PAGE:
Small businesses unprepared for pandemic-sized climate shock ‘every decade’

Small businesses which make up more than half of the global workforce were 2.5 times more likely to go under than larger firms in the first months of COVID-19, the International Trade Centre (ITC) said on Wednesday, warning that the impact of climate change could cause pandemic-scale disruption “every decade”.

“The pandemic has shown that the resilience of businesses matter”, said ITC Executive Director Pamela Coke-Hamilton. “Going green is a survival imperative; the longer firms take to act, the higher the costs become.”

Adaptation gap

Although small businesses account for more than 50 per cent of global emissions, only 38 per cent invested in environmental adaptation, compared to 60 per cent of large firms.

“Developed countries have the financial means to sustain their economies and protect the most vulnerable. But most developing and least-developed countries are unable to do the same,” Ms. Coke-Hamilton said.

She added that if such resilience among micro and small businesses had been necessary during the pandemic, “it will be even more crucial in addressing climate change”, whose economic disruption will be like “a COVID-19-size pandemic happening every decade”.

Tough COVID-19 lessons

Presenting the agency’s latest report, SME Competitiveness Outlook 2021: Empowering The Green Recovery, ITC Chief Economist Barbara Ramos insisted that governments needed to understand the level of vulnerability of small firms in the first year of the pandemic.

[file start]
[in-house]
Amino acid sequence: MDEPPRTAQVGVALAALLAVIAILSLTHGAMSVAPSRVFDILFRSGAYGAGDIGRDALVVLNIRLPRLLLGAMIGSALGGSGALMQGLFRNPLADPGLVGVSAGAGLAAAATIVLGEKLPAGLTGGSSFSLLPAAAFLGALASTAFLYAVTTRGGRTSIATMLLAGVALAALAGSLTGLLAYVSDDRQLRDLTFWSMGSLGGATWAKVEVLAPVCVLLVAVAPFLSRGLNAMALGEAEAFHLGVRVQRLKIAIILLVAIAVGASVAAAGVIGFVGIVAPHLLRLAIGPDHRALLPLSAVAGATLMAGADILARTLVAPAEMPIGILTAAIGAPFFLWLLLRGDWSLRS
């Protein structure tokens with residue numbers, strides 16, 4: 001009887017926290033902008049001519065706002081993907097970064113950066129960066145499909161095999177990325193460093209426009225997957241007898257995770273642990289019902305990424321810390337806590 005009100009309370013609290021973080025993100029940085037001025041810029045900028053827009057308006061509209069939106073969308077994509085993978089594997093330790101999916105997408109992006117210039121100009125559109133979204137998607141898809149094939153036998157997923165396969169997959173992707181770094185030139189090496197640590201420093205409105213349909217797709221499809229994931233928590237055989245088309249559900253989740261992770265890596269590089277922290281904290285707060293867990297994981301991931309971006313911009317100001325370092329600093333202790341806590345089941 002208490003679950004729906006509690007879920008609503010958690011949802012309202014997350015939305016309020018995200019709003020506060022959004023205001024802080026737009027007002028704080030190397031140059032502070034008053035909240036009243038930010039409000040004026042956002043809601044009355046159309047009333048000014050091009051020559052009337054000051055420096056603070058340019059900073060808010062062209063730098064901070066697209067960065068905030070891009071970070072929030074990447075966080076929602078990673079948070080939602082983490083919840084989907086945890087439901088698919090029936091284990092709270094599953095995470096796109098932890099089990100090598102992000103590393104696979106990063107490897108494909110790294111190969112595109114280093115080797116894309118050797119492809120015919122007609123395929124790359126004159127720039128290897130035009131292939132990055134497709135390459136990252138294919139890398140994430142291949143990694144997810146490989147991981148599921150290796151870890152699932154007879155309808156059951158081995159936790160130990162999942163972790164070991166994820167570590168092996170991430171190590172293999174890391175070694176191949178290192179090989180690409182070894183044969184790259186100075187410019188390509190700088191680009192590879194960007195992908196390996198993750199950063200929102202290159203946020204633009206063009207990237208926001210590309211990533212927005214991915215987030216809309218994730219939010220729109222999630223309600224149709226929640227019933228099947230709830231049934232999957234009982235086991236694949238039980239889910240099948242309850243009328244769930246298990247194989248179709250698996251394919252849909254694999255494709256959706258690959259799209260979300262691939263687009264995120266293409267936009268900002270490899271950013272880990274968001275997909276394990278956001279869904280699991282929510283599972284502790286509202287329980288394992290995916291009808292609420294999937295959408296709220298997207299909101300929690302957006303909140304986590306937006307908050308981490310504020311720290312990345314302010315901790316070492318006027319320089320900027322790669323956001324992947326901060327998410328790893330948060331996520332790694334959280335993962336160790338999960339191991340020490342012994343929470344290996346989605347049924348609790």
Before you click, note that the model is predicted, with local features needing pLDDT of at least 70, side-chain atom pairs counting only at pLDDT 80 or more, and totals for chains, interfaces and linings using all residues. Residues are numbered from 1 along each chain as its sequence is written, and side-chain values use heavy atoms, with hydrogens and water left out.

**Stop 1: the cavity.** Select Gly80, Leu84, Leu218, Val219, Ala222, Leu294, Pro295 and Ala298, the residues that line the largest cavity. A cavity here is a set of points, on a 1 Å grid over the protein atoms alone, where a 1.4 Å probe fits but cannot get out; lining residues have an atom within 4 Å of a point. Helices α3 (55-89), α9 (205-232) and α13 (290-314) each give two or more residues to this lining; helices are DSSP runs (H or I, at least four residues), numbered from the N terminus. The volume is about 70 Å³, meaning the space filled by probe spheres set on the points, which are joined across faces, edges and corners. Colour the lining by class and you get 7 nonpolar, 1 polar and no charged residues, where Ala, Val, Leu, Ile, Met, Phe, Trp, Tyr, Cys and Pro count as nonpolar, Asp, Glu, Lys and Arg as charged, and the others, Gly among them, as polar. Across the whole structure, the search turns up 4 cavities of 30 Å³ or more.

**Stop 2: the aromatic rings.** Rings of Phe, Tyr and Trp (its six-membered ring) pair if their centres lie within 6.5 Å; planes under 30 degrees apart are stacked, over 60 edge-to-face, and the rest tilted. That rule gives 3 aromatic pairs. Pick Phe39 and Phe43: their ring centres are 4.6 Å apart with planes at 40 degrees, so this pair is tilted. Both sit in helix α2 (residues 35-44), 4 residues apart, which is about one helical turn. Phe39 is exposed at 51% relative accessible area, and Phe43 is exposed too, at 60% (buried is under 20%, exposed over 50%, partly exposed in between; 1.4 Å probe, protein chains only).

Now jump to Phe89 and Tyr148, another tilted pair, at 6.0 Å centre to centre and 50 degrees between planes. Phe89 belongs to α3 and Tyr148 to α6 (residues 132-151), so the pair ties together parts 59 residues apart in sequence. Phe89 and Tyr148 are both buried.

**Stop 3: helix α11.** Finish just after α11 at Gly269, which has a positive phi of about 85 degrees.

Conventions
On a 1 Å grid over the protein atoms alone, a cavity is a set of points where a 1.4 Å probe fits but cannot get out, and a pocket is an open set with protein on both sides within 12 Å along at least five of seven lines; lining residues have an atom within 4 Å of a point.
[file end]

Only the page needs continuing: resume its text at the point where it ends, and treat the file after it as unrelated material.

“We need to learn from COVID in order to increase the resilience of small firms… two out of three micro and small firms were strongly affected by the pandemic, and that’s compared to half of large firms,” she said.

“We also know that one in four micro firms were at risk of shutting down within three months and this is compared to one in 10 large firms.”

This is significant because companies that managed to withstand the economic downturn caused by COVID-19 “were five times less likely to fire employees during the crisis”, the ITC chief economist said. “And if you add to that the fact that SMEs employ a large share of the world’s population, their resilience really does matter.”

Partnerships are key

To help small businesses rebuild from the pandemic and prepare for the climate crisis while becoming more competitive, Ms. Coke-Hamilton maintained that they will need the support of a network of private and public partners to boost their means to withstand future shocks.

To guide this process, ITC’s report provides a 20-point Green Recovery Plan to help small businesses become more competitive, resilient and green.

“During the pandemic, the liquidity of banks especially in the Caribbean was upwards of $9 billion, but somehow they lacked the ability to attribute value to the green transition process and what this will mean,” she said, before urging governments to advocate with financial institutions “to help them understand the long-term strategy and the need to invest.”

According to ITC, nearly 60 per cent of African companies that invested in greening their enterprise said that this led to new, higher-quality and more products. Access to new markets was also a positive outcome of this investment, along with lower costs.